The 2nd LCF’s doctrine of the eternal generation of the Son does not reside in either a historical or theological vacuum. The immediate confessional context is the paragraph on the Trinity (2:3), itself situated in the chapter on the nature of God.

This chapter adopts the standard scholastic arrangement of the doctrine of God. The 2nd LCF focuses on two topics: what is God (i.e., divine essence and attributes; 2:1-2), and what sort of God is he (i.e., Trinity; 2:3). The opening clause of this paragraph establishes clearly that the Particular Baptists understood the two topics to be necessarily interrelated or interdependent.

Paragraph 3 underscores that whatever Scripture predicates of the one, true, and living God, is also predicated of the Father, the Son, and the Spirit, even though what is proper to each subsistence (e.g., eternal generation) is not and may not be predicated of the divine essence.

The 2nd LCF, therefore, goes to great lengths to teach both the unity and distinction of the divine nature; that is, the Triune God is one, simple, fully actualized, eternal, and infinite essence and at the same time the persons of the Trinity are distinct or distinguished.

2.1. The Common Divine Essence: Creedal Trinitarianism. In this chapter the 2nd LCF identifies its doctrine of the Trinity, and thus its doctrine of the Son’s eternal generation, as pro-Nicene. The 2nd LCF argues that the three subsistences in the one infinite and divine essence are of one substance, and therefore of one power and one eternity. This teaching is affirmed everywhere by orthodox trinitarianism. The 2nd LCF, therefore, rejects what creedal orthodoxy has always rejected, namely, the notion that eternal generation implies or entails the Son’s subordination in the Godhead.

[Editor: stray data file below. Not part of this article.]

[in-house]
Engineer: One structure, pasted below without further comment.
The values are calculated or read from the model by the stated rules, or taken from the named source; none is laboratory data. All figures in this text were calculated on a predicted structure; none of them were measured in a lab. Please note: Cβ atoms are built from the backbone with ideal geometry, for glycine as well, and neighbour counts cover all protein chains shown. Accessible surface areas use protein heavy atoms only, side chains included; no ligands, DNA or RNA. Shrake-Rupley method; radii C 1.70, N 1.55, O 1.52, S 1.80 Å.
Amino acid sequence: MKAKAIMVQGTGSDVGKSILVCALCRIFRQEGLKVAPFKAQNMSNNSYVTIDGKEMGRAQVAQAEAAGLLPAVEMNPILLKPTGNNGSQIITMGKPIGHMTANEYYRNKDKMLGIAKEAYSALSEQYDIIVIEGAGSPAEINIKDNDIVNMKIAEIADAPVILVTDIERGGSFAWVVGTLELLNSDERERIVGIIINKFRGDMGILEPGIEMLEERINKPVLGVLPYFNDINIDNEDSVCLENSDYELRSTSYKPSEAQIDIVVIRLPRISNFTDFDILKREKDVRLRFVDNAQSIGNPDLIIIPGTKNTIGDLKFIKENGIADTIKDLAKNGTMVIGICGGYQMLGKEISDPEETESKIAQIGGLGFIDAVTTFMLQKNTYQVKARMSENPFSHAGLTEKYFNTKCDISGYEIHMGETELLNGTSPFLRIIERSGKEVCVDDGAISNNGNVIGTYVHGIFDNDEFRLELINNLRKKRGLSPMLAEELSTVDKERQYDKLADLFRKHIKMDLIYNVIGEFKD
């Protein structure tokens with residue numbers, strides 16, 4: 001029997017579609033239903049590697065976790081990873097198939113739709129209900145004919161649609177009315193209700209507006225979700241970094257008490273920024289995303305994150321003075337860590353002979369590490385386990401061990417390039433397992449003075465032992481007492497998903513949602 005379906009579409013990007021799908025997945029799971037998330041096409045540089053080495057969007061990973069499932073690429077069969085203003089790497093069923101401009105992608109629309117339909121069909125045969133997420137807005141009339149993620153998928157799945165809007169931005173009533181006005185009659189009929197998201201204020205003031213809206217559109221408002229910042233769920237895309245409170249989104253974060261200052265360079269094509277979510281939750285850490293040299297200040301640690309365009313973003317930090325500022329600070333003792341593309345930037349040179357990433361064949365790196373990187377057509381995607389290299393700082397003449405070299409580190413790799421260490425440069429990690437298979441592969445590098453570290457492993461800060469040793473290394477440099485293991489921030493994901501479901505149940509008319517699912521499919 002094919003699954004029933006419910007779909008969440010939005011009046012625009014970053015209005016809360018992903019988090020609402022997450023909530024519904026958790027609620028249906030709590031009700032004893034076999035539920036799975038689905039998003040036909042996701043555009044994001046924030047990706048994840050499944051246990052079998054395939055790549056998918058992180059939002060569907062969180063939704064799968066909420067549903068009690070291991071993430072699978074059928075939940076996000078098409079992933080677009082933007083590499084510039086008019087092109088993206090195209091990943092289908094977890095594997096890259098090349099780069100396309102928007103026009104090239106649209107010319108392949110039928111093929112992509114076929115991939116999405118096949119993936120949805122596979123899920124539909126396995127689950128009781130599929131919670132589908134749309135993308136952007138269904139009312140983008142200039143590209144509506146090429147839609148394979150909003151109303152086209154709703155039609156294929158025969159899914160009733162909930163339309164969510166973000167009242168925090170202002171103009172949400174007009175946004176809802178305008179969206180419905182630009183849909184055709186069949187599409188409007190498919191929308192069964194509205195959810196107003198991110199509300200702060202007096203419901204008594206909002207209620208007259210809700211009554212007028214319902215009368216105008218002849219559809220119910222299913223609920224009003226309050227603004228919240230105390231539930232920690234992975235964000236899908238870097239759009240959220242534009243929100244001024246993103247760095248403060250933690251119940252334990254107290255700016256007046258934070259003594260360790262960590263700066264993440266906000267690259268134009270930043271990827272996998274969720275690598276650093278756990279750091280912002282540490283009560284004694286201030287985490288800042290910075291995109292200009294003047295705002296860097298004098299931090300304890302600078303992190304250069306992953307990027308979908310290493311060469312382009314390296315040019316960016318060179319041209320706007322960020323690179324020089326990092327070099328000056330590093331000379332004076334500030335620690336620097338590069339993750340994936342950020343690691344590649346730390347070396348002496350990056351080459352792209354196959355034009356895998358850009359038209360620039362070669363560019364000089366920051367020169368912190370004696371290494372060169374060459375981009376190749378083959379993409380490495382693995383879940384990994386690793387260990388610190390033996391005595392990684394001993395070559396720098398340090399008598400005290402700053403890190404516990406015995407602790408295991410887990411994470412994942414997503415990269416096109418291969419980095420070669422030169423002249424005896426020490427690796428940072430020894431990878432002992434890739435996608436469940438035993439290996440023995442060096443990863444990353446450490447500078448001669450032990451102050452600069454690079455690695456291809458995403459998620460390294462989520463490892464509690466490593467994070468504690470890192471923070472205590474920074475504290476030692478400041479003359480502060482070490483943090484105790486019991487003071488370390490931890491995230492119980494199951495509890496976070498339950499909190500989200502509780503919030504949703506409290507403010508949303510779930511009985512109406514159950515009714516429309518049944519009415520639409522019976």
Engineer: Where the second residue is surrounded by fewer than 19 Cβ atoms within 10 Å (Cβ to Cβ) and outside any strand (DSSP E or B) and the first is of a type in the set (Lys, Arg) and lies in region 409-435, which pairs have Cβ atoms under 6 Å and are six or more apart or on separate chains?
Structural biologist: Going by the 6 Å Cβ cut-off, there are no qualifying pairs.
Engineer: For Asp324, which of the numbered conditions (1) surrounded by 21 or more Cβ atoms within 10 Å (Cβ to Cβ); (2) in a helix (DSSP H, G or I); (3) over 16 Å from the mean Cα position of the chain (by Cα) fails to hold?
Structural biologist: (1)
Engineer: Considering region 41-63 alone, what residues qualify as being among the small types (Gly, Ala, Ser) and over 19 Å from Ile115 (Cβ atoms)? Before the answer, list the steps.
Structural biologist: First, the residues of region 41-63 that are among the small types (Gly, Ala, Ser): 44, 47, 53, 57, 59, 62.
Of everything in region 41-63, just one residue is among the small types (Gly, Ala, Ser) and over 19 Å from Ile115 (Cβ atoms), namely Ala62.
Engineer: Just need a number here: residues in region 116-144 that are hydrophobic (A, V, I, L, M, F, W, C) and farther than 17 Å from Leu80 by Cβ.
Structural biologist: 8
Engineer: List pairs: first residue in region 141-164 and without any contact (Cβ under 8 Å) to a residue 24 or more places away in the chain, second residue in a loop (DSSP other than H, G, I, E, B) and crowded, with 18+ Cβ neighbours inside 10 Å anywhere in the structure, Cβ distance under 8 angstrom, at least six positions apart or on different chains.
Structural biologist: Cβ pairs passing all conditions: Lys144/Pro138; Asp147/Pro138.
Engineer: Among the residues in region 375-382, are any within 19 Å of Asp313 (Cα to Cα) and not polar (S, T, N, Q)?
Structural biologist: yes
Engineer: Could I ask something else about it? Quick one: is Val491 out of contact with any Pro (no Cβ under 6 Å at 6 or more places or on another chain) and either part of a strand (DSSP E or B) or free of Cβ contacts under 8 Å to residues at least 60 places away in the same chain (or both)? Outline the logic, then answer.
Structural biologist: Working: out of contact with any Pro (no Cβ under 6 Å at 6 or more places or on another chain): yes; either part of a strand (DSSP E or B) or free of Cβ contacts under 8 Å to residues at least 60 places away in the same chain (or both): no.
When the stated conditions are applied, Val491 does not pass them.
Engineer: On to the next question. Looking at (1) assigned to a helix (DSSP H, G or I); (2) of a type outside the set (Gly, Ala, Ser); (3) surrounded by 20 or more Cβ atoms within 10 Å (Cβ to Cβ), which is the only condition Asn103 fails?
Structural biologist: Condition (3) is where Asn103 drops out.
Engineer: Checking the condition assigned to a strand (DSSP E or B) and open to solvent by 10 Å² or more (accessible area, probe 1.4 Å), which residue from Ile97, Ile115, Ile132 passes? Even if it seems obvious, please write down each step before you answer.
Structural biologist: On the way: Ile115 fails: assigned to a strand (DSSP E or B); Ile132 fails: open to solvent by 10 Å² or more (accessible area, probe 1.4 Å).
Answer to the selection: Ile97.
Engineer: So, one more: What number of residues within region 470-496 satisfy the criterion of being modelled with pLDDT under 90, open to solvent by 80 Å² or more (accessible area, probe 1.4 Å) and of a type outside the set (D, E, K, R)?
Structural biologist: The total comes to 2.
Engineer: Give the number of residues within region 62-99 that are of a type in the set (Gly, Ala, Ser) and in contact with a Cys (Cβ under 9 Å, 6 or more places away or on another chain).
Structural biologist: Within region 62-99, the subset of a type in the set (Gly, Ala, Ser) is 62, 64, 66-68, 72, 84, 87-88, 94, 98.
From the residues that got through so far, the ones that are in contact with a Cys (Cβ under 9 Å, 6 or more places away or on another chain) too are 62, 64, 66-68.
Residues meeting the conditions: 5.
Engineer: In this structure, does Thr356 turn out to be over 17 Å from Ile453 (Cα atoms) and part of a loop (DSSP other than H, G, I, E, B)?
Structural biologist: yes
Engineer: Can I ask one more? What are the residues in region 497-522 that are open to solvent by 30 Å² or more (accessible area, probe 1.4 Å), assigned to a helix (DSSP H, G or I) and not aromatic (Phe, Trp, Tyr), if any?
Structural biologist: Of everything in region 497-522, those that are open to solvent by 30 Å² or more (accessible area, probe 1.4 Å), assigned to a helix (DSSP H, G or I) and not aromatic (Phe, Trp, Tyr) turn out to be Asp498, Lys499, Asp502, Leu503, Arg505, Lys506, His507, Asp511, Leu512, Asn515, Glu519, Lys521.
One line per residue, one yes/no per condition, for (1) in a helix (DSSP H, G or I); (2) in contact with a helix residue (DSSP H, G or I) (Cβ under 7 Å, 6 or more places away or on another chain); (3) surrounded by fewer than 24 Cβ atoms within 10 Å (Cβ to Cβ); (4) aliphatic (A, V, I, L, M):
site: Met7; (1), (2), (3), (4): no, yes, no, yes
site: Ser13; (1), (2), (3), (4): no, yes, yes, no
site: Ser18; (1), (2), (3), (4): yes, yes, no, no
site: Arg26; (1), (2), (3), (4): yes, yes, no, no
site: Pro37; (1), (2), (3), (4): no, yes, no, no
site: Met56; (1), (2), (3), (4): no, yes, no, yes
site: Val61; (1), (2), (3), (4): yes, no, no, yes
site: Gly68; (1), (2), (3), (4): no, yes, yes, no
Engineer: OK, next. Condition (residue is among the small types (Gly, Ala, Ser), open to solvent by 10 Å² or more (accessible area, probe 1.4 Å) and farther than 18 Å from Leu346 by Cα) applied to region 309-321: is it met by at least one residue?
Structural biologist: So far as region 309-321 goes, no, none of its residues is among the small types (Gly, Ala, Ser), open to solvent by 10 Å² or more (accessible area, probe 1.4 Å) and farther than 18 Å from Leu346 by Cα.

2.2. The Common, Undivided Divine Essence. The claim that each personal subsistence has the whole divine essence, yet the essence is undivided, is significant in two respects. First, the Particular Baptists were eager to avoid any and all association with the rather vocal antitrinitarian movements of the era. They thus cut off at the root any charge of modalism, Sabellianism, or subordinationism by affirming that each personal subsistence has the whole divine essence. By stating also that the essence is yet undivided they were precluding the charge of tritheism. In fact, in these few words the 2nd LCF reasserts not only the doctrine of the unity of God’s essence (cf. 2:1, “…one only living, and true God”), but also the doctrines of God’s simplicity (cf. 2:1, “without parts”) and actuality (cf. 2:1, “a most pure spirit”), now, however, in the context of the doctrine of the Trinity.

Secondly, this clause draws attention to the uniqueness both of God’s essential unity and of the distinction of the persons in the Godhead. By stating that the one, infinite God is a Trinity of personal subsistences, each having the whole divine essence, but without any division of the divine essence, the 2nd LCF argues against the strict identity of essence and subsistence (or person). This is a somewhat technical point, but one which has implications for a proper conception of the doctrines of the Trinity and of the eternal generation of the Son. The divine unity is a numerical unity, incomparable to anything in the created order. Thus, we confess that the Father is infinite and divine, having the whole divine essence; the Son is infinite and divine, having the whole divine essence; and the Spirit is infinite and divine, having the whole divine essence. Yet they are not three essences, for the common essence is undivided.

This careful statement of the unity and distinction of the divine nature has two far reaching implications. First, the Son, as eternally begotten of the Father, is personally distinct from the Father, but not of a lesser, different, or subordinate essence. Secondly, the personal property of the Son – to be eternally begotten of the Father – must be understood as the begetting of an infinite and divine subsistence (not essence) within the one, eternal, undivided, infinite and divine Being.